Back in 2018, Avanan uncovered an attack we called ZeroFont phishing. The idea is that hackers insert hidden words into the text with a font size of zero. The recipient can't see it, but it works as a way to obfuscate text to get past Microsoft NLP scanners.
Three years later, this method of attack is still out there and it still works to get past Microsoft and other email scanners. Avanan researchers have uncovered a new ZeroFont attack that hit over 1,000 mailboxes in recent days. The attack was primarily focused on the financial sector—71% of those hit worked in finance. Nearly 10% of those hit were in the education sector.
This was a spray-and-pray attack. It did not focus on specific job titles—everyone from the C-Suite to interns were hit.
Though Avanan stopped this email, it was missed by both ATP and Mimecast.
This is what the attack looks like. When the victim's mail client opens the email, the user will see this:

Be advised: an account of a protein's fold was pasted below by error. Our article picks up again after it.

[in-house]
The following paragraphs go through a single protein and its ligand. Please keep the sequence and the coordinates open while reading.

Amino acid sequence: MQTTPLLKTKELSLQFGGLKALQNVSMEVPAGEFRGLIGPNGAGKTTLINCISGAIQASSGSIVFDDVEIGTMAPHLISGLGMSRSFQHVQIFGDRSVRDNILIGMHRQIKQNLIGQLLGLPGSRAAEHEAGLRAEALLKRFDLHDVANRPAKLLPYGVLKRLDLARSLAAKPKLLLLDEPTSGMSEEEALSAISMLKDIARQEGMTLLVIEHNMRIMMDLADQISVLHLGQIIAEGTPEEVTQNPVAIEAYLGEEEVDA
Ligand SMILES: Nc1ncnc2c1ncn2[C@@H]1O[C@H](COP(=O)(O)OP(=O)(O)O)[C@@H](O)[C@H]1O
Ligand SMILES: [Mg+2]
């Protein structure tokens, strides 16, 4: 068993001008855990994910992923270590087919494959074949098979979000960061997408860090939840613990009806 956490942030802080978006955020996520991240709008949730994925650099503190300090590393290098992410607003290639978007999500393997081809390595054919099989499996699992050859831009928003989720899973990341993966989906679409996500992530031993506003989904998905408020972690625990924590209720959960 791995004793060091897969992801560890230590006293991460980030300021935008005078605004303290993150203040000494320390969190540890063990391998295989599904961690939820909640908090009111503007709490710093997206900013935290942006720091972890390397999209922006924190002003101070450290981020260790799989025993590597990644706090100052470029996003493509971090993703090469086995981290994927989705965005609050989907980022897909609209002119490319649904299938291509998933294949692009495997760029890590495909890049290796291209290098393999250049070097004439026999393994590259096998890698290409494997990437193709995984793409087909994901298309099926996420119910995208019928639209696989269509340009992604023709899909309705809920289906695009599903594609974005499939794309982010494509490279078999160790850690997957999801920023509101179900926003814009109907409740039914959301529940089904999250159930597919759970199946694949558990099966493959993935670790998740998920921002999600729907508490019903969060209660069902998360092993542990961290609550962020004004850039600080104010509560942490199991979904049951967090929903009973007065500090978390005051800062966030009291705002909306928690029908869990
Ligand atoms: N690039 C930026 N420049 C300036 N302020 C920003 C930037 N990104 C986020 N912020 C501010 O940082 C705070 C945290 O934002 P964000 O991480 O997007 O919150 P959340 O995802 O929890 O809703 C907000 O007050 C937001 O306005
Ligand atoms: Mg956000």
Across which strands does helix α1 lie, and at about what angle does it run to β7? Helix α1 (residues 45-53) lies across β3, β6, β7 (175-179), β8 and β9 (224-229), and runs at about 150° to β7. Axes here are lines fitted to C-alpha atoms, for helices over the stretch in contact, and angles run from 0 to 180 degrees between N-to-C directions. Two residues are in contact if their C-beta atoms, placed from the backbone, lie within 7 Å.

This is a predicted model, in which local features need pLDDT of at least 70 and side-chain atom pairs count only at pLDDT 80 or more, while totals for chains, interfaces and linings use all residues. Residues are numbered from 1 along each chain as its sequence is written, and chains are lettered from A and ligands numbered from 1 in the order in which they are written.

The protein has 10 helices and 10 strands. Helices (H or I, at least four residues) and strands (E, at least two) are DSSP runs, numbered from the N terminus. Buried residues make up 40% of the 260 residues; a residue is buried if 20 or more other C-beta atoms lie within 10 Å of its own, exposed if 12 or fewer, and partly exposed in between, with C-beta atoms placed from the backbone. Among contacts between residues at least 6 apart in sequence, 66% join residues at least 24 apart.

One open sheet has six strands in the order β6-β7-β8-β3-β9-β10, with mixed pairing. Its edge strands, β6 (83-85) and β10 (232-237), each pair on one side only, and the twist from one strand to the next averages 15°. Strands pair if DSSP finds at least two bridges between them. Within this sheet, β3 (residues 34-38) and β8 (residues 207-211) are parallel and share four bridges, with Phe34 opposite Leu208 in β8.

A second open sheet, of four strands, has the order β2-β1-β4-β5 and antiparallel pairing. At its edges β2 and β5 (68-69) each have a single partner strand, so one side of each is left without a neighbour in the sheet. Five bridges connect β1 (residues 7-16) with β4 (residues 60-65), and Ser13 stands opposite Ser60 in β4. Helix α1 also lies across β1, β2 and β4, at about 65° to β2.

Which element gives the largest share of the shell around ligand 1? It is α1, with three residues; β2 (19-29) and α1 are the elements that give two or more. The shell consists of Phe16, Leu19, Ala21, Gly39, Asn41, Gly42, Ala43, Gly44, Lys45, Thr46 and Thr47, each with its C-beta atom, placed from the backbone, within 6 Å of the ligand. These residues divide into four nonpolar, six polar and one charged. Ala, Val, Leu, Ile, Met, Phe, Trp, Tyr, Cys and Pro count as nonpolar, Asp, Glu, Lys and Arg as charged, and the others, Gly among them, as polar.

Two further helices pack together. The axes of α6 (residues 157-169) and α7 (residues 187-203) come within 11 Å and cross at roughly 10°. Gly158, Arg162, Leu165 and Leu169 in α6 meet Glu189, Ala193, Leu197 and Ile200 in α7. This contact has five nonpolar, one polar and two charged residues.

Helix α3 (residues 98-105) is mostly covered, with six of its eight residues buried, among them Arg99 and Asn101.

However, if you copy the contents of the email and paste it into a text editor, this is what you'll see:
More importantly, this is also what the Natural Language Processing AI will see when scanning this email. The NLP sees a seemingly random string of characters, none of which looks malicious. Luckily, Avanan uses a multi-layered approach to catching sophisticated email attacks like this. These attacks would have been caught by our static layer that checks for the use of CSS styles to hide text like "font-size 0px". “
Once Avanan detects that this email uses that CSS style, it is automatically set to a very high score of suspicion. When we add our traditional security layers on top of it, like "sender reputation," domain history," and "existence of links," Avanan can easily classify this as a phishing attack and block it accordingly.
An attack style like Zero Font remains difficult for many other email scanners to stop. ZeroFont and its variants—SiteCloak, MetaMorph, TattleToken and GO HSIPH— have continually stumped ATP and other scanners for nearly three years.